Attention Deficit Hyperactivity Disorder Attention Deficit Hyperactivity Disorder What is attention by benbenzhou

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									Attention Deficit Hyperactivity Disorder
What is attention deficit hyperactivity disorder?
Attention deficit hyperactivity disorder (also known as ADHD) isn't like other illnesses. Instead of making
your child feel sick, it affects how your child behaves. It causes a short attention span, acting without
thinking, and sometimes hyperactivity.
Unfortunately, no one yet knows what causes it. It sometimes seems to happen to many children in one
family.
What are the symptoms of attention deficit hyperactivity disorder?
With this disorder, problem behaviors are the symptoms. They usually develop before your child is about
7 years of age.
You, as a parent, may see many problem behaviors. Your child's teachers and doctors may see many
other problem behaviors.
You may notice that your child:

       Doesn't appear to listen
       Doesn't follow instructions
       Becomes easily distracted
       Doesn't pay attention in school or play
       Loses things
       Shifts from one task to another
       Blurts out answers before a question is finished
       Has a hard time waiting turn in games and lines
       Interrupts or intrudes on others
       Does dangerous things without thinking of what may happen
       Squirms while seated
       Is unable to stay seated when required to do so
       Fidgets with hands and feet
       Is unable to play quietly
       Talks all of the time

What tests are needed?
There is no specific test for this disorder. Your doctor will, however, check on many things. This is
because other problems, for instance depression and anxiety, must be ruled out before the diagnosis can
be made.
Your doctor will ask about your family history. This is to see if other children also have had the disorder.
Your child will have a physical exam. This includes testing hearing and vision.
Your doctor will also determine your child's level of development to see that it is as expected for his or her
age. Your child will also be checked for learning disabilities. Finally, reports from teachers and counselors
at school will be looked at.
What treatment is needed?
There are many treatments that can help. Sometimes, medicine is prescribed. It may help to control your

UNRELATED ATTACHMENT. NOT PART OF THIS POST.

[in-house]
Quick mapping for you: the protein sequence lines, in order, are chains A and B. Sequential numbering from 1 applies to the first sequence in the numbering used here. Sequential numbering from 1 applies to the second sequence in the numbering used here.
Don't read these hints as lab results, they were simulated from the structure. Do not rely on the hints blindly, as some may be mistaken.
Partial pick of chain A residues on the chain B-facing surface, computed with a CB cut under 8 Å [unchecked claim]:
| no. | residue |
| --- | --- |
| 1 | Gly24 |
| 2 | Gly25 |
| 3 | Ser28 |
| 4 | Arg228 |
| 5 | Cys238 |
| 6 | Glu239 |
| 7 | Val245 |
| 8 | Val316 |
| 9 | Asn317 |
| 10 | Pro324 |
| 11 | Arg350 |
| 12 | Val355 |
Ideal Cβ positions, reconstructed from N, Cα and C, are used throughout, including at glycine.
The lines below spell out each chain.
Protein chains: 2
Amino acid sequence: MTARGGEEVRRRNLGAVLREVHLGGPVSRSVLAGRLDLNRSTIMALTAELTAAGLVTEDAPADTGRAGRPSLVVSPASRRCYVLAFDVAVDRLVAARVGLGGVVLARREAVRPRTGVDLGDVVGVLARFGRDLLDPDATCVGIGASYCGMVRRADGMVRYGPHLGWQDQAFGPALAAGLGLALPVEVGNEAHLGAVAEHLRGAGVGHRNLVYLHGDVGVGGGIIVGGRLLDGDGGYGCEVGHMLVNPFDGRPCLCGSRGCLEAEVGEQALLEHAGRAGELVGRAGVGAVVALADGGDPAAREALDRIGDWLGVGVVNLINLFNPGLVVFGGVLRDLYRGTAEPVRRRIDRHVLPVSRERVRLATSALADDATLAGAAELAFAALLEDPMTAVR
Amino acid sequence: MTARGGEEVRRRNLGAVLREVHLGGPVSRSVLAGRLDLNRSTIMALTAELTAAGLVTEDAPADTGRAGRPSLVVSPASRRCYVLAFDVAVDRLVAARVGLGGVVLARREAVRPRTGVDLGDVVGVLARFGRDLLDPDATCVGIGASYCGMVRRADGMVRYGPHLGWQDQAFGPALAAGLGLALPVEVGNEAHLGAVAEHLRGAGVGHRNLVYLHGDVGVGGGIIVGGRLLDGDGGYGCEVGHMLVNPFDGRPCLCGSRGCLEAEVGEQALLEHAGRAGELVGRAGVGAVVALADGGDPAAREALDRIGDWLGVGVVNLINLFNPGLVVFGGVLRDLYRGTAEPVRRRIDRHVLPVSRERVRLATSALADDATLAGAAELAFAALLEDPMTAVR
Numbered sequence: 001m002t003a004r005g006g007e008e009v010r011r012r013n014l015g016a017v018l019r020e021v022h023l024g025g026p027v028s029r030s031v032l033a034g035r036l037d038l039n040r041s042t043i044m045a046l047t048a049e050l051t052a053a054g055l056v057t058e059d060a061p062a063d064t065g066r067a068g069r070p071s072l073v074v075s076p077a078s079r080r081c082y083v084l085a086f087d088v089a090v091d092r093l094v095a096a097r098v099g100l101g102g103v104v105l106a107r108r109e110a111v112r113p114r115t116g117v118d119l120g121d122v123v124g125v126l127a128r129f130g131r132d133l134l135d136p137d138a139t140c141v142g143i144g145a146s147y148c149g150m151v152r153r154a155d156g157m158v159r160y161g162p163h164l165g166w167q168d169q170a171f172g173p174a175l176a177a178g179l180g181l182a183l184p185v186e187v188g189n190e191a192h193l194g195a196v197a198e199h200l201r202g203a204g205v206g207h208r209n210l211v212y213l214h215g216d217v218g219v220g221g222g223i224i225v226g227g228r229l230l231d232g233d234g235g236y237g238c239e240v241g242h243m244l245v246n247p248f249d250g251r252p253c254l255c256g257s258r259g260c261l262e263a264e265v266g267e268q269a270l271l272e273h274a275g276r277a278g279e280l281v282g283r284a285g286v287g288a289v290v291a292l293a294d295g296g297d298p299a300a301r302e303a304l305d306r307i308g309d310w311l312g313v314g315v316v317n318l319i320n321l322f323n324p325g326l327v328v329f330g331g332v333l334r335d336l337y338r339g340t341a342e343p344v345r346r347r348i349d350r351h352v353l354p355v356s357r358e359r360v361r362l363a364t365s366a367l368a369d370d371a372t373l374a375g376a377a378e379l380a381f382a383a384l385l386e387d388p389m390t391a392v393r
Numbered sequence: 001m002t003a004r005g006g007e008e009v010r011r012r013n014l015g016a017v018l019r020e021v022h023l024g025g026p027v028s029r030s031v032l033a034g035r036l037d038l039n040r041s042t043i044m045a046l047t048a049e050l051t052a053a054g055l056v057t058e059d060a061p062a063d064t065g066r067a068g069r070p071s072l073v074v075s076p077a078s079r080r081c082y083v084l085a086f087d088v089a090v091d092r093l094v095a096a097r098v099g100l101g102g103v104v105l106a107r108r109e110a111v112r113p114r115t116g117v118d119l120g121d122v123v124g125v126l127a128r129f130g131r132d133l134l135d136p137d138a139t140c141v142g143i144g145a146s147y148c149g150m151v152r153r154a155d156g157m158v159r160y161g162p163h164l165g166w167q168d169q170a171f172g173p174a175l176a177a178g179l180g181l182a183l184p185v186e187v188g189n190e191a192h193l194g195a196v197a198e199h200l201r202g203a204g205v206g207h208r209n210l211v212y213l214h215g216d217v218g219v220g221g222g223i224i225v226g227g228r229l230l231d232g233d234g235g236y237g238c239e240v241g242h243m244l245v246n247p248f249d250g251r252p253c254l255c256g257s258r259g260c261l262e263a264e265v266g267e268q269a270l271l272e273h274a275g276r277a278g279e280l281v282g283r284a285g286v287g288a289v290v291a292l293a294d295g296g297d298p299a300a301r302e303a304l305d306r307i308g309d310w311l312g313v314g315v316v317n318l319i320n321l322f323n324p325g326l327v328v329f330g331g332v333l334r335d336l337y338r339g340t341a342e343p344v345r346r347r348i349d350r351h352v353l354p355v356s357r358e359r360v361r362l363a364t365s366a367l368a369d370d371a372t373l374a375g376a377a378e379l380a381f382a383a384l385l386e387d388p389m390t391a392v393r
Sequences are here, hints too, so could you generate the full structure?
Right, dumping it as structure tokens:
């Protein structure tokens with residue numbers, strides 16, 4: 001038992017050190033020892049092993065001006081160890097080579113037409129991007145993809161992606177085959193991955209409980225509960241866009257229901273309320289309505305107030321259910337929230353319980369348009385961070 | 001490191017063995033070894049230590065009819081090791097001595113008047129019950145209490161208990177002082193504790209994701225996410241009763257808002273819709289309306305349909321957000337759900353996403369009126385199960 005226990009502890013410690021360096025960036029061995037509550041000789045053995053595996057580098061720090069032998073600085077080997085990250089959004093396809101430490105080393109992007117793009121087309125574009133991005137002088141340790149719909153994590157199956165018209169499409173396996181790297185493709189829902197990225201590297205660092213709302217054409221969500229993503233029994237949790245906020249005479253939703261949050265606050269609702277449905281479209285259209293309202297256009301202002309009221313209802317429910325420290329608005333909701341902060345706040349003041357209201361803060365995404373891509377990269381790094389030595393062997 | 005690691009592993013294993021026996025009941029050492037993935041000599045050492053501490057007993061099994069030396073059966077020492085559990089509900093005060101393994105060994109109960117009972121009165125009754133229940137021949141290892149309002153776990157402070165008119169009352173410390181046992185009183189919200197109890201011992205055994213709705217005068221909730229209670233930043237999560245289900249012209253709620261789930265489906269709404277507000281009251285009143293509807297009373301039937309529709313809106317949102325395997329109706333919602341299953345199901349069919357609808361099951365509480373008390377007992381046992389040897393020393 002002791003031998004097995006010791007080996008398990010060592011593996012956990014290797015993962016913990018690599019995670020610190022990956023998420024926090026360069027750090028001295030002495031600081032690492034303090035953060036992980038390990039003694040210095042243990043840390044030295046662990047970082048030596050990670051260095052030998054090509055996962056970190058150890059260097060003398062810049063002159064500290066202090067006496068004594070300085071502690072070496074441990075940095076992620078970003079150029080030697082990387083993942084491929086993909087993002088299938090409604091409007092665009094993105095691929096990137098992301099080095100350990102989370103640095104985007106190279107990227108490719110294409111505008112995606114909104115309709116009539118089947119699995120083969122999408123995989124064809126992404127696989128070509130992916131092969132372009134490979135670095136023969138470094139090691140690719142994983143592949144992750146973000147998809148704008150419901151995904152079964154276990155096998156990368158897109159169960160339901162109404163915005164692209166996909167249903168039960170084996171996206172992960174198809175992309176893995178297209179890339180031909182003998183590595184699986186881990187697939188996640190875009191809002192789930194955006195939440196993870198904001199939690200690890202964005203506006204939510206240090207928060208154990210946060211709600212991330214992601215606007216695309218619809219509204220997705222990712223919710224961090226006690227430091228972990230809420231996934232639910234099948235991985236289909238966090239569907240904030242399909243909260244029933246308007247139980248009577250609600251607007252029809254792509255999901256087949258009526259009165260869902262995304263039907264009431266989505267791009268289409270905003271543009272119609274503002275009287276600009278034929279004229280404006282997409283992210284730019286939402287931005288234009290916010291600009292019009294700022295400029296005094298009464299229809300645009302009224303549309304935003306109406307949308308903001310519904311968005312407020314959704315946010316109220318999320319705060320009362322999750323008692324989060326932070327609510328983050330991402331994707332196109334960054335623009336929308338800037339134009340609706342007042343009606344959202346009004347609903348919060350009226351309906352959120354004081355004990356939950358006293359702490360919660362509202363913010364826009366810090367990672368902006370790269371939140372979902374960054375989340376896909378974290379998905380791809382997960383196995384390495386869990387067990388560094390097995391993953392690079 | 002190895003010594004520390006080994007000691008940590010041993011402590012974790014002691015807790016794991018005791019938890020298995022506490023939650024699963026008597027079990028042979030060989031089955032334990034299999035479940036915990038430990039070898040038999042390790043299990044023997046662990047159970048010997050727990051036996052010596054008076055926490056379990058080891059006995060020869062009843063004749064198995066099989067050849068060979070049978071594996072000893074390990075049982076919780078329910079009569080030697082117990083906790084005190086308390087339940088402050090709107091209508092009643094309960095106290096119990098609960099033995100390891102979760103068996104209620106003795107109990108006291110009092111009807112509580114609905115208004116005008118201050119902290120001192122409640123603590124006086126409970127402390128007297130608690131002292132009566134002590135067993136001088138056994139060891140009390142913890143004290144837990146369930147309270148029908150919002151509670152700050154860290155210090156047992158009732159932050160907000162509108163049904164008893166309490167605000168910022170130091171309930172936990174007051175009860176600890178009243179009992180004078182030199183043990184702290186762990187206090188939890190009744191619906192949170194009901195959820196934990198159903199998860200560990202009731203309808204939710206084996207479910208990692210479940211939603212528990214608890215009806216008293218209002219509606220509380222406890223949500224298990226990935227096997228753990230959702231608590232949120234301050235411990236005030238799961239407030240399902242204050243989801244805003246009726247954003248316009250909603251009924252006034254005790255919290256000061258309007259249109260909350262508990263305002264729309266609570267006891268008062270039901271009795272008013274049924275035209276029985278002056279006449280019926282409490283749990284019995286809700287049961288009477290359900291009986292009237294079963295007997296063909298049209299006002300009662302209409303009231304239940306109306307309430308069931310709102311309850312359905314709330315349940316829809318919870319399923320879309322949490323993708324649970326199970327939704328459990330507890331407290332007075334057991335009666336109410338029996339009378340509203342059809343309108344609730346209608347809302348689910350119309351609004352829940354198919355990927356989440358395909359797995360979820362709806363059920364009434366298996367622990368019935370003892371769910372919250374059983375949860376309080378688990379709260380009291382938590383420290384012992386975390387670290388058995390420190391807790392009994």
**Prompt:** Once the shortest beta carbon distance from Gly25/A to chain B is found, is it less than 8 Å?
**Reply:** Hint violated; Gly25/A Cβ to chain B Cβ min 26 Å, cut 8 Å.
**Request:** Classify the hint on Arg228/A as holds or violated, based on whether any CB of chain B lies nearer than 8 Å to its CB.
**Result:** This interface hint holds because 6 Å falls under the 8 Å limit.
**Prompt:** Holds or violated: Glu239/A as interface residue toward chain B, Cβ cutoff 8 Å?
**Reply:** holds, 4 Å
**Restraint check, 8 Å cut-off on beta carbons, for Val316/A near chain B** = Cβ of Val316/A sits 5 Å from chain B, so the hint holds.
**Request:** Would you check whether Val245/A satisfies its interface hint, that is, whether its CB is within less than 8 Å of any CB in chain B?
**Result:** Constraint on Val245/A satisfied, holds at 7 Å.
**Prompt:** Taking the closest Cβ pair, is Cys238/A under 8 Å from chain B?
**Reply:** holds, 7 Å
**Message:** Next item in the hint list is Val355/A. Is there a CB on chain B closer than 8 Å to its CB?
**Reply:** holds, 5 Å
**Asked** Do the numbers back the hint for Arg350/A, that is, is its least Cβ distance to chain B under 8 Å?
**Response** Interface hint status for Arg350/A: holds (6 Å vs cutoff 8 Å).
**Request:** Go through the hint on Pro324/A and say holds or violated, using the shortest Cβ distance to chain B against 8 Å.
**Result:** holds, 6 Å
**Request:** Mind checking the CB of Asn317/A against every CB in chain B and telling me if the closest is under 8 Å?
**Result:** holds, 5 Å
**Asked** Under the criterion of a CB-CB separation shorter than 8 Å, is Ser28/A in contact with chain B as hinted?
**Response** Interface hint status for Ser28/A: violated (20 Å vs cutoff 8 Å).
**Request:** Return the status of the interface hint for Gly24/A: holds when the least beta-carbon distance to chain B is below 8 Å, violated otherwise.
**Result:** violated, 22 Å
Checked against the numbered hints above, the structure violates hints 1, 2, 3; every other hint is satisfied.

child's behaviors.
Educational, behavioral, and cognitive techniques may all be recommended to help your child. With
educational techniques, your child's teacher will use different methods of helping your child behave and
learn while at school. Behavioral therapy focuses on teaching parents and teachers how to bring about a
change in the child's behavior. The emphasis is on decreasing problem behaviors and increasing good
behaviors. Cognitive techniques help your child learn methods such as how to self-monitor, control anger,
and self-reinforcement. These techniques help children to be more in control of their own behavior.
Counseling may also be recommended for your child. It's often combined with the other methods of
treatment. Parents also benefit from counseling. Counseling helps both parents and children focus on
ways to reduce the problem behaviors. Treatment usually works best when both counseling and medicine
are used.
Do

        Do set clear behavior limits
        Do reward good behavior with parental time
        Do use 'time out' after bad behavior. Threats that are not carried out, physical punishment, and
         distant rewards (such as birthday present next month if you behave well now) do not work well
        Do allow for more activity in safe environments
        Do make eye contact with your child with each request
        Do focus on one task at a time
        Do stop problem behavior before it escalates
        Do find things that your child is good at and emphasize these
        Do try techniques such as 'anger training', 'social training', and family therapy
        Do have realistic expectations
        Do be consistent with your parenting methods
        Do talk to your doctor about a special diet. Special diets include food additives, a special
         elimination diet, and megavitamin therapy. Some children seem to improve with a special diet
        Do talk regularly with your child's teacher. Your child may need extra lessons or tutoring
        Do avoid unproven therapies
        Do call your doctor if symptoms worsen after treatment is started, especially if your child has new
         or unexplained symptoms. Medicine used for treatment sometimes causes side-effects

Don't
Don't forget follow-up appointments.
Recovery time
Some children simply outgrow attention deficit hyperactivity disorder. Other children find it easier to
control problem behaviors as they grow older. In other children, it may last into adulthood.
The combination of more than one type of treatment is often needed to improve symptoms. Medication
and behavioral techniques are better when used together than when either is used alone.
Unfortunately, some children grow into troubled teenagers and adults. They may have problems later,
such as failure in school, antisocial behavior, and sometimes even criminal behavior.
What can be done to stop it from happening again?
There are no known ways to prevent this disorder.
Further information on attention deficit hyperactivity disorder can be found at:
Attention Deficit Disorder Association
8091 S Ireland Way
Aurora, CO 90016
Tel: (847) 432 ADDA
Reproduced with permission from PDxMD - Clinical Information for Quality Care - www.pdxmd.com

								
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